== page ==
Prof. David Shulman won Israel’s most prestigious prize. He’s giving the prize money to one of Israel’s most dedicated — and persecuted — activist groups. Here’s why.
I often get comments, specifically from family members, that I never write anything positive about Israel. So here is something positive.
Prof. David Shulman, Renee Lang Professor of Humanistic Studies at the Hebrew University of Jerusalem, who just received the Israel Prize in Religious Studies for his work on Indian languages and culture, decided to donate his prize money (NIS 75,000, or about $20,000) to Ta’ayush, the group of Israeli activists who engage in non-violent direct actions to assist and protect the livelihood of Palestinian residents of the South Hebron Hills against the various hazards of occupation. (Full disclosure: I have been active with Ta’ayush since 2008, know David, and am all also a fan of his writing on Israel/Palestine, for example see here.)
Shulman, who has been active with Ta’ayush for the last 15 years, explains in this video what exactly the group, which was founded at the start of the Second Intifada and has been the target of right-wing incitement in recent months, does.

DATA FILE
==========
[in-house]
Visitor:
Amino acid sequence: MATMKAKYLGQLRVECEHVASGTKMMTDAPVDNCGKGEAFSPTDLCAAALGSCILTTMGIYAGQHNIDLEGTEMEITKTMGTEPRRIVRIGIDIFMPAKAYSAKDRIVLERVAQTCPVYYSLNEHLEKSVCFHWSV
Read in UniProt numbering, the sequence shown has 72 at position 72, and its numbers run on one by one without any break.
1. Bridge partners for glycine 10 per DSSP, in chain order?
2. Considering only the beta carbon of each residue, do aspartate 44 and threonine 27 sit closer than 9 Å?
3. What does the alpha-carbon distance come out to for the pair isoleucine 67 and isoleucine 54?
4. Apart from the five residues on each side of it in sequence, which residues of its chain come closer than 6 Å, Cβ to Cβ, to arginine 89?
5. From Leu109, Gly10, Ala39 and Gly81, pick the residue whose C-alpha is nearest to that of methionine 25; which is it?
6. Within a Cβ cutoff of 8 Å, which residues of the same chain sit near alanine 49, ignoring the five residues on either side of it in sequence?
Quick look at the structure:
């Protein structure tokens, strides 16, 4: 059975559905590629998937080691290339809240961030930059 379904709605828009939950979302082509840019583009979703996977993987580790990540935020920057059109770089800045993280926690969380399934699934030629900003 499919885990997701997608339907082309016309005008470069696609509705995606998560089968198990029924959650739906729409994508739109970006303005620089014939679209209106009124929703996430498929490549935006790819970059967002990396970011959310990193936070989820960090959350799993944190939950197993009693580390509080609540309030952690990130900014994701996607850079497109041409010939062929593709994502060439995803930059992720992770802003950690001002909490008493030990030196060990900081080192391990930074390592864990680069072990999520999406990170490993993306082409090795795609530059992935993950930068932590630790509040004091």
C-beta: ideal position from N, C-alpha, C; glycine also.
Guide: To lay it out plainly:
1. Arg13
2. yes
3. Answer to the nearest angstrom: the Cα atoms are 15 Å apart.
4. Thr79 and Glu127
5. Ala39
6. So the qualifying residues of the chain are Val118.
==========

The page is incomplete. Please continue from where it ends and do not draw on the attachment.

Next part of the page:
I think it’s interesting to note that most of the Israeli media outlets who covered the story characterized Ta’ayush as a “left-wing organization,” (Haaretz in Hebrew), “anti-Israel” (Arutz Sheva) and Haaretz English originally called it “pro-Palestinian” but then changed it to “Israeli group that helps Palestinians.”
I haven’t seen a single outlet call it what it is: an activist group doing humanitarian work in the West Bank. (Ta’ayush has just opened a new “front” of activism in the Jordan Valley.)
Ta’ayush, as David notes in the video, is not an organization, but a loose-knit group of people who dedicate their Saturdays to activism that affects the reality on the ground for Palestinians who live in Area C and have no representation or rights. You could call it “left-wing” inasmuch as it champions human rights and dignity and opposes Israel’s military occupation.
It is not anti-Israel, unless you think that being pro-Israel means supporting systematic violence and harassment of Palestinian civilians, depriving them of infrastructure and water, of security and schooling, and of the right to a basic livelihood. As for “pro-Palestinian,” this has a zero-sum connotation that it could be “anti-Israel” or somehow against Israeli interests, which is...Read More